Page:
Anticipating that other enterprises may benefit from these lessons, we have organized them into a new machine learning paradigm, which we call ML 2.0. The key steps in this framework are described in a research paper, and are supported bya suite of open-source software tools.
The four most important aspects of the new ML paradigm are as follows:
Speedy process: ML 2.0 helps users go from raw data representation to a deployed model in seven precise steps. Consequently, a four-person team was able to develop the proof-of-concept and deploy the necessary models within eight weeks. This would not have been possible under the old paradigm, which requires costly buy-ins, like one-off software built for discovery and complex algorithms whose benefit can’t be quantified.
Greater involvement of domain experts: Domain experts determined key variables — for instance, which specific events posed a risk to project performance, how far ahead the model had to be able to predict for the information to be valuable, and which past projects should be used to train the model. ML 2.0 provided domain experts with a prediction engineeringtool which enabled them to set key parameters and ensure that the model would generate business value.
Automated feature engineering: A vital part of the machine learning process is feature engineering, which involves using domain knowledge to extract patterns, or features, from raw data. Domain experts are often better than machines at suggesting patterns that hold predictive power — for example, an increase in the average response time for a ticket could eventually lead to poor project performance; but, automated software tools are needed to actually calculate these features. We used Featuretools, a DARPA-sponsored open-source library created by Feature Labs, where three of us work. The tool recommended 40,000 patterns, which domain experts narrowed down to 100 of the most promising.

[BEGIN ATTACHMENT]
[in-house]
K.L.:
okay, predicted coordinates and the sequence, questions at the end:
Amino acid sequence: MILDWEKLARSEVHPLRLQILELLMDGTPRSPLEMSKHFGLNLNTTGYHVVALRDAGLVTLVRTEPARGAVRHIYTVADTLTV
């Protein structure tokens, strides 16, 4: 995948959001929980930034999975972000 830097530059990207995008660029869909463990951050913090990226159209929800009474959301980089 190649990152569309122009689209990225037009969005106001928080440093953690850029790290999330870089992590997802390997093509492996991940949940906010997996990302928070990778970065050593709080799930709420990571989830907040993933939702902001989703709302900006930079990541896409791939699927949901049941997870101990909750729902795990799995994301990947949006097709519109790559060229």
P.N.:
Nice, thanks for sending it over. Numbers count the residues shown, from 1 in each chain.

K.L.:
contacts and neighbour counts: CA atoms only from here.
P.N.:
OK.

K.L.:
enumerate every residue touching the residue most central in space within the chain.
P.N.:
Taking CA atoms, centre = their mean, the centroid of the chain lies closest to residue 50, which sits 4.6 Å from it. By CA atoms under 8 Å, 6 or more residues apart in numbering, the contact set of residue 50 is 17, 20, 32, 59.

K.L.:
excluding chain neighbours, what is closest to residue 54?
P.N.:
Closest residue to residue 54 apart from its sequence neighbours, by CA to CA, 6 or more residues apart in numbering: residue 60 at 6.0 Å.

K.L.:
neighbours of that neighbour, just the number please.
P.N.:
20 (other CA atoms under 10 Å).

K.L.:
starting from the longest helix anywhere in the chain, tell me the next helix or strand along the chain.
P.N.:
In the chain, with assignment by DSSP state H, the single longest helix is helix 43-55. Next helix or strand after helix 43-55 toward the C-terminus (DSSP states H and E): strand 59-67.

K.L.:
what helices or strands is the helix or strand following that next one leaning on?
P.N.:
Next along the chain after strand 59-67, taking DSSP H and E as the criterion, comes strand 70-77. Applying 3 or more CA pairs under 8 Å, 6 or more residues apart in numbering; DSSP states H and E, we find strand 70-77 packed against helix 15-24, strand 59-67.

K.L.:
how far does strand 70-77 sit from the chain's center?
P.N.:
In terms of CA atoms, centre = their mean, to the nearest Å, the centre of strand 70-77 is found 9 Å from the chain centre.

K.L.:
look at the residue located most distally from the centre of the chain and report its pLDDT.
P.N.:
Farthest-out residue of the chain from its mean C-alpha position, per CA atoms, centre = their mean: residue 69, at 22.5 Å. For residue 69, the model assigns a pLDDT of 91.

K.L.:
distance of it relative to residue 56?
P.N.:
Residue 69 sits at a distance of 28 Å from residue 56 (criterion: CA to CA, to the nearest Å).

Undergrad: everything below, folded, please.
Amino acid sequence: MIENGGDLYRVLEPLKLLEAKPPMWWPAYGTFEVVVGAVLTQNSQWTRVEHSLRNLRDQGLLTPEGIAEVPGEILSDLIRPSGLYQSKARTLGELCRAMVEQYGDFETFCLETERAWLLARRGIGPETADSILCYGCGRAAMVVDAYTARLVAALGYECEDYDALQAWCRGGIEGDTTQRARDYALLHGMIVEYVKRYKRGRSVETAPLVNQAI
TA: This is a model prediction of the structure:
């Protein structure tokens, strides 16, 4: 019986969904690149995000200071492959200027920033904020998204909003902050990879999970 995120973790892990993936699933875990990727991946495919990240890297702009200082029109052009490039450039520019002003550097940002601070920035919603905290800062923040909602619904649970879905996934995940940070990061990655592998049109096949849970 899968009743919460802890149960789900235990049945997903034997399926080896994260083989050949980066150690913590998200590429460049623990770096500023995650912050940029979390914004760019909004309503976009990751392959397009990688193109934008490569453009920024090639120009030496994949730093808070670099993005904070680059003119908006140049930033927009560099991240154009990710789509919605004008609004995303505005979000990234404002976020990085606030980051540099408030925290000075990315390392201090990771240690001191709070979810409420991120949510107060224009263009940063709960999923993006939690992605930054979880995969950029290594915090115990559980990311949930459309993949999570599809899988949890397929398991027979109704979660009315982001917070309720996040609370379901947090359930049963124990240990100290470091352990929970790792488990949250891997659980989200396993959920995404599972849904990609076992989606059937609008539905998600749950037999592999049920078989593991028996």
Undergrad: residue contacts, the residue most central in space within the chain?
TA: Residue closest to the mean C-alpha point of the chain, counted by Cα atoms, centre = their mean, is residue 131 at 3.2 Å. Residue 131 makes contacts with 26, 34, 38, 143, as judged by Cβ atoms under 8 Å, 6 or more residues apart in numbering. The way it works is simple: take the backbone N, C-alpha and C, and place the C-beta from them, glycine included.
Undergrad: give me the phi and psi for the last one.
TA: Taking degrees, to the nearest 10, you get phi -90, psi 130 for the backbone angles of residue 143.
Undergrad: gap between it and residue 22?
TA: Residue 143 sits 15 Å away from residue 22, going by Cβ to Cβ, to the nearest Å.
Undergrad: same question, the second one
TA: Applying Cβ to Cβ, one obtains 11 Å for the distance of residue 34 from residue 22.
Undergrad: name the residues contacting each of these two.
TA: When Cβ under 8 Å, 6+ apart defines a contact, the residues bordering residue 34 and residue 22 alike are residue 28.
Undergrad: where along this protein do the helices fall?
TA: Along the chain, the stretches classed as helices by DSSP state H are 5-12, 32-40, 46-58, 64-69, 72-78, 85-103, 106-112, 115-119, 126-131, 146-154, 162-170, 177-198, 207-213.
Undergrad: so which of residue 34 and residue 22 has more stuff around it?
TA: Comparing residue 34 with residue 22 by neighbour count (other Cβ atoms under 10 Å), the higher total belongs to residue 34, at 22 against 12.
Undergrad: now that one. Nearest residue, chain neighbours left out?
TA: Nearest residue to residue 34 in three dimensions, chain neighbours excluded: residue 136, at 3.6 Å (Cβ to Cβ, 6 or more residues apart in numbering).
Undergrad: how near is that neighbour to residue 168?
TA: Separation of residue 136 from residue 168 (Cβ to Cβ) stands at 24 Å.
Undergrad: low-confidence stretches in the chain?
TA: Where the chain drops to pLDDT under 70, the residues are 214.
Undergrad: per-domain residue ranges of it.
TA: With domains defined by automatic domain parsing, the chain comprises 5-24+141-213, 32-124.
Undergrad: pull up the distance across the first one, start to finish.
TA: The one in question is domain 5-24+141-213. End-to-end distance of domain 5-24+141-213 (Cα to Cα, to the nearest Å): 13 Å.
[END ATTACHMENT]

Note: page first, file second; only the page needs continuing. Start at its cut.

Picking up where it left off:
Intelligent model-testing: Like most domain experts, software project managers needed to put their new models through multiple rounds of validation and real-world testing before they were confident enough to deploy them. The automated testing suite built into ML 2.0 gave the deployment team the flexibility to simulate previous states of the data, add data that had been withheld from the development process, and conduct their own tests for several points in time. This included real-time testing when it came time to deploy.
The ability to anticipate is a competitive advantage
If companies are going to get real value from machine learning, they need to focus not just on technology, but on process. Machine learning experts, for their part, need to realize the gap between cutting-edge science and organizations’ ability to actually implement working models aimed at real problems. Closing the implementation gap will require a new approach to machine learning, with plenty of interesting technical problems of its own.
ML 2.0 helps transform the potential of machine learning into tangible business results by putting machine learning at the core of a business function rather than treating it as a separate R&D initiative. Doing so has a direct influence on how organizations run their business, how they can create new revenue streams, how they can re-imagine their products and services, how they can increase operational efficiencies, redefine their workforce, and much more. Today, businesses don’t just want to have answers to questions like: did we meet our sales target for this quarter? Did we reach our target audience? Did our advertisement spend meet its objectives? Instead they want to know what is likely to happen in the future. They want to make data-driven predictive decisions, quickly and easily, which is the promise of ML 2.0.
Article from: hbr.org